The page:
I sit here in front of my laptop with the temptation to begin this text with an assortment of platitudes; about the wondrous nature of forests, what they are, what they mean and what they represent. Platitudes that are like dewdrops condensed from the sheer complexities that forests constitute through their roles in the story that we call deep time.
PBS Eons have taught me that if we were to trace the sylvan origins of our species, we’d find forests forming the settings of the early defining moments in our evolution.
The forest canopies that our early ancestors dwelled upon. The forest grounds that our distant relatives stood upon when they eventually descended from the trees. Even their absence as forests gave way to grassland is believed to have spurred us to loss our fur coverings as we evolved to run more efficiently as hunters.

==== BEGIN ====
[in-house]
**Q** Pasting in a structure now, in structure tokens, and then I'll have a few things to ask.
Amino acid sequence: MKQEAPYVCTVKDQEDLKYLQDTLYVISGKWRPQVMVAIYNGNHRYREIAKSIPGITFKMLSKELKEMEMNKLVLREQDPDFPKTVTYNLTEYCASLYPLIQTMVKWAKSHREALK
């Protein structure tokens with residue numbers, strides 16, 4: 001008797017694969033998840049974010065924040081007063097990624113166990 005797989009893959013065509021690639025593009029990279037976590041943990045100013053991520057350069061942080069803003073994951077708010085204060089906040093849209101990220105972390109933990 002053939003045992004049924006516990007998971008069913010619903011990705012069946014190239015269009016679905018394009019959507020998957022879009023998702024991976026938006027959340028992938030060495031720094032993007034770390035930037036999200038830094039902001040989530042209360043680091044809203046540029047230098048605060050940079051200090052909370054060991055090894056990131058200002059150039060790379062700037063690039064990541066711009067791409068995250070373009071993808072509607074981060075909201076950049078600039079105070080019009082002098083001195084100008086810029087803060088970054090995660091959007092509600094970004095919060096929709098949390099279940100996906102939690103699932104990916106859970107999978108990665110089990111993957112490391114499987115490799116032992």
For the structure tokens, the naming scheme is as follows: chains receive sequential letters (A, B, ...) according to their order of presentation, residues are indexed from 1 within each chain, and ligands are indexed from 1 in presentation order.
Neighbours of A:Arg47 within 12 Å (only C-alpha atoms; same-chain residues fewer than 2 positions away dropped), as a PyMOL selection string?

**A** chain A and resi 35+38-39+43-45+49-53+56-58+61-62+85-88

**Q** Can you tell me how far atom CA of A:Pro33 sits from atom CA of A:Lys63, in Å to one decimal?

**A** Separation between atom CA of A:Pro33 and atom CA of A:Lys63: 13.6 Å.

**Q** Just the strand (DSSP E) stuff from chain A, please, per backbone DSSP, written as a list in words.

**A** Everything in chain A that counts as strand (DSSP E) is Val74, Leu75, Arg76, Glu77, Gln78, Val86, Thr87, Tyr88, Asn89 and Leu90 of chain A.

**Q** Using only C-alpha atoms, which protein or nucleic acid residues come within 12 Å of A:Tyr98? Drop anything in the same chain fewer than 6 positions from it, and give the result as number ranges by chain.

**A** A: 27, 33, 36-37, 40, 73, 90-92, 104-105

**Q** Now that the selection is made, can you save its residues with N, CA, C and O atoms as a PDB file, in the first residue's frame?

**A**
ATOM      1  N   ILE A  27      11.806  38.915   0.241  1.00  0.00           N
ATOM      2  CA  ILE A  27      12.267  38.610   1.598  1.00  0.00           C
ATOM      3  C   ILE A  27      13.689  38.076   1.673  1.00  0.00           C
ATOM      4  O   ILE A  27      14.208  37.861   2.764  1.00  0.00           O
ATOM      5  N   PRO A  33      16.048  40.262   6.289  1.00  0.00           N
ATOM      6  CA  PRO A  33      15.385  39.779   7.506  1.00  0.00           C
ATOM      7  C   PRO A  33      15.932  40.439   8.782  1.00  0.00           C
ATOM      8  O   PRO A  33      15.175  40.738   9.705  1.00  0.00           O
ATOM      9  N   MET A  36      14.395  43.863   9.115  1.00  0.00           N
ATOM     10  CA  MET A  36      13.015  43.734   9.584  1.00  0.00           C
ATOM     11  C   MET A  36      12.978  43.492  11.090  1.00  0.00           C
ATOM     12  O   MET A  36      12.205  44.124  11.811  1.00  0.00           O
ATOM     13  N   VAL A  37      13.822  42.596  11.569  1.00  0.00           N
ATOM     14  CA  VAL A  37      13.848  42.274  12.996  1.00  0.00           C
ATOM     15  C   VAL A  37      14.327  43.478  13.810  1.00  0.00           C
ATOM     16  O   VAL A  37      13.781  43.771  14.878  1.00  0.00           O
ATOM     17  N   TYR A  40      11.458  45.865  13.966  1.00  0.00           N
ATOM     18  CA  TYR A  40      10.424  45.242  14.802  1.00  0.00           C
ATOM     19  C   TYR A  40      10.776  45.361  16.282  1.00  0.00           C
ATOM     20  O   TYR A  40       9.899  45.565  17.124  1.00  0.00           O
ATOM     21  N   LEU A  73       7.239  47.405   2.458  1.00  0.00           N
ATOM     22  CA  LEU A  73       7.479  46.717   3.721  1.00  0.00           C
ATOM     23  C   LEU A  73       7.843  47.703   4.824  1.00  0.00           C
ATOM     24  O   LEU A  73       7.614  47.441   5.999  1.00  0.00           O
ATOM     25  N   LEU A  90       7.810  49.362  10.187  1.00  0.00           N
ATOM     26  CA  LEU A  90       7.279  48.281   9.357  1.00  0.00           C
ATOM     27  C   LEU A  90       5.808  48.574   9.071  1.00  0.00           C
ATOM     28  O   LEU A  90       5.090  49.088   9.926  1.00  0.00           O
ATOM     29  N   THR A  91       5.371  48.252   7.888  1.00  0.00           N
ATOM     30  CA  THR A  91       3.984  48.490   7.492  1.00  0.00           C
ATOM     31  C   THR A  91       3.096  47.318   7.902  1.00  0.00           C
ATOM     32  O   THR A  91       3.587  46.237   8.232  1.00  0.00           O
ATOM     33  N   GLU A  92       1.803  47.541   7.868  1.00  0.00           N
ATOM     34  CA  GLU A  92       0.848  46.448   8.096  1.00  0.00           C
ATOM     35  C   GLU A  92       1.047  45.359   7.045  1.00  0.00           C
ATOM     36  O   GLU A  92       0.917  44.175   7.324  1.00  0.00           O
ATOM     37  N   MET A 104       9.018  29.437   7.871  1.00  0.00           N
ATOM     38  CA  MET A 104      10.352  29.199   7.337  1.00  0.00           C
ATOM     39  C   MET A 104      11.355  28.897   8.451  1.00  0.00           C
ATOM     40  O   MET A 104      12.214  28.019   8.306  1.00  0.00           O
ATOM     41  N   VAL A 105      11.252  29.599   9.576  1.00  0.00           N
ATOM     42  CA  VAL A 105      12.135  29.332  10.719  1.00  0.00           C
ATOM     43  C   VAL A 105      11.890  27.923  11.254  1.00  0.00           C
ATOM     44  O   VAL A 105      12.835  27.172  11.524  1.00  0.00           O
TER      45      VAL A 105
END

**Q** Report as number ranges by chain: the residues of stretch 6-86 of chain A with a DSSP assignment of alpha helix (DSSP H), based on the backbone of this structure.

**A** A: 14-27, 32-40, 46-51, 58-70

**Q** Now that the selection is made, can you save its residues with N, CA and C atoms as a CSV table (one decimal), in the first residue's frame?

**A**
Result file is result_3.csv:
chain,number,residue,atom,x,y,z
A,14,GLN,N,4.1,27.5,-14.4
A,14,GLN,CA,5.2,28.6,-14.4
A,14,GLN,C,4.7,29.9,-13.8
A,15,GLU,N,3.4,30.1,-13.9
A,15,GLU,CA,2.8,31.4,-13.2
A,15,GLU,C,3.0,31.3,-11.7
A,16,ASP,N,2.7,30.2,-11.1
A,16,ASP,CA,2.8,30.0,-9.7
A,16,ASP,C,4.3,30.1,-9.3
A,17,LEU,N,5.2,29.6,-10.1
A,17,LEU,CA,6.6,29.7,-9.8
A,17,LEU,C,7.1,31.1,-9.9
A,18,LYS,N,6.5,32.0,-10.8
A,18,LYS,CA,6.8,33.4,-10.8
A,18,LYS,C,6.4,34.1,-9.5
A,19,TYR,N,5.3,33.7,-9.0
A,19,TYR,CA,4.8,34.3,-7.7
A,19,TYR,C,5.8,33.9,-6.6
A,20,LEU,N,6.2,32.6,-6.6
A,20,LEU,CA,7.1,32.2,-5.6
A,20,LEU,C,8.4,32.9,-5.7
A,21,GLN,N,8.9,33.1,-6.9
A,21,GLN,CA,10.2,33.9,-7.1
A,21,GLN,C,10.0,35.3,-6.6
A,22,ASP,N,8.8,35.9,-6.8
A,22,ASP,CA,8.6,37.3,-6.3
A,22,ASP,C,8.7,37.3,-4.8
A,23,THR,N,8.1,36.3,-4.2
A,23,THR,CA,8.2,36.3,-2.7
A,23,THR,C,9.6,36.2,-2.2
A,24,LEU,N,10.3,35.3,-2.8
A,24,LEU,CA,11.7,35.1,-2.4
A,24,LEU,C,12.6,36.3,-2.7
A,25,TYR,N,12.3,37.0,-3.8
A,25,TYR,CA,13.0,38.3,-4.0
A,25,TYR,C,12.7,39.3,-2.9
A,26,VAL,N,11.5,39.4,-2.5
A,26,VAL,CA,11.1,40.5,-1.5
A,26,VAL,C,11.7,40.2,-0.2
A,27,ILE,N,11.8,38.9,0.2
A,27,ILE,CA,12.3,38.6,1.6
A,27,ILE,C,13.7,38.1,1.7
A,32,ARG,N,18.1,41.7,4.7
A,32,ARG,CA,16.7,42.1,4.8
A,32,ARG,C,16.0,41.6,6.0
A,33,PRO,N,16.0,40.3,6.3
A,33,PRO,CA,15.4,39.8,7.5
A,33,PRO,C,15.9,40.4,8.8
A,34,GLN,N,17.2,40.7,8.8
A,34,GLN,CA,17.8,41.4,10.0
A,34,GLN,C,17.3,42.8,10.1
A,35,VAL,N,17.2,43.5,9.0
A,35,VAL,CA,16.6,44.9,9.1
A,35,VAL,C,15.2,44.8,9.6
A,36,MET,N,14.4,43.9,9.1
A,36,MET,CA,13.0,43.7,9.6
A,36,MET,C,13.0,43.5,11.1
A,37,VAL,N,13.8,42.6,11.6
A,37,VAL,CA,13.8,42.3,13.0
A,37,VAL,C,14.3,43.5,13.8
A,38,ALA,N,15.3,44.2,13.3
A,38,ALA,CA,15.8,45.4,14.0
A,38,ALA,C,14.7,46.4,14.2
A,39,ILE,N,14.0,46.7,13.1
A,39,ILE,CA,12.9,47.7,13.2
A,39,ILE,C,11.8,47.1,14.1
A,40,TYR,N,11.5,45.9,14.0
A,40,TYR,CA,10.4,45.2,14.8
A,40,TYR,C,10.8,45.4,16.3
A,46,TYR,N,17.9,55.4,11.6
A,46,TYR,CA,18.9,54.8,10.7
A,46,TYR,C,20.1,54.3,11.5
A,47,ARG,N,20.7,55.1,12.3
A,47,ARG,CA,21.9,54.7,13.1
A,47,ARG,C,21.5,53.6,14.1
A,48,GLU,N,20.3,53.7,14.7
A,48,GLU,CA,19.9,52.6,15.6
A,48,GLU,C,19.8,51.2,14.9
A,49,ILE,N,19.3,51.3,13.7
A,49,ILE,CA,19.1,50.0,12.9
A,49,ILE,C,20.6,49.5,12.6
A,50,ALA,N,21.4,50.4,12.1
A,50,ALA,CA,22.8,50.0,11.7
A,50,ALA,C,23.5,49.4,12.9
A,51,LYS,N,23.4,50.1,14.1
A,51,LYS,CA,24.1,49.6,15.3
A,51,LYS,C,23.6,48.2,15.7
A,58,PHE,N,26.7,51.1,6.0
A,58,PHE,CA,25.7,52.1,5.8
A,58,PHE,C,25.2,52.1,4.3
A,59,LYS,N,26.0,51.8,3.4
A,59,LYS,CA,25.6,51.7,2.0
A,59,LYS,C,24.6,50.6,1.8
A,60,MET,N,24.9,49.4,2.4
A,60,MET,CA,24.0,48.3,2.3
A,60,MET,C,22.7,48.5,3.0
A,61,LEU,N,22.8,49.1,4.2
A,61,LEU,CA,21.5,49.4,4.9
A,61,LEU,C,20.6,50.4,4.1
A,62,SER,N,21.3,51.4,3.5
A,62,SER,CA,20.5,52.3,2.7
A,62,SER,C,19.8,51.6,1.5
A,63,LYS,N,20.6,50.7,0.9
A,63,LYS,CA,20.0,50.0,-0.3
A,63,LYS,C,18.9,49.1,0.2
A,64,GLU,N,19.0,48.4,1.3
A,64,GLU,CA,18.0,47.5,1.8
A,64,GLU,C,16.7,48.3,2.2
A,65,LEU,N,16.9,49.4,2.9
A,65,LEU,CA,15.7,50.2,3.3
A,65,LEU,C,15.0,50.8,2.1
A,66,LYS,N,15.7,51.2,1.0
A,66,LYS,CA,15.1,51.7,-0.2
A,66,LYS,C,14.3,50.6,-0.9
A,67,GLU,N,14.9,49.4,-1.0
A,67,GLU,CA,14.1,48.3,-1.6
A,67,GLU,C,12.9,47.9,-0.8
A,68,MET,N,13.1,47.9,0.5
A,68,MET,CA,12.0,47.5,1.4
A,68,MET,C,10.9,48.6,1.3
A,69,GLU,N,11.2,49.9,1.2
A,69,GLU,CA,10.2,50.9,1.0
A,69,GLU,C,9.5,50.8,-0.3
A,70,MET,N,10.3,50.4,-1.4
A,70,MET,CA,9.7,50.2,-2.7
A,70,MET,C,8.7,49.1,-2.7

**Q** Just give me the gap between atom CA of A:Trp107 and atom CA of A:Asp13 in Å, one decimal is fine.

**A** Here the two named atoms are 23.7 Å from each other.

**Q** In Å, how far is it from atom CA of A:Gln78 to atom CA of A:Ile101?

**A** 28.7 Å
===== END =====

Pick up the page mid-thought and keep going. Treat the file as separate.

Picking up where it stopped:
All this is to say that even at such short evolutionary timelines (roughly five million years) and narrow species-specific perspectives (humanity), forests have so much to tell us about ourselves, but much more everything else.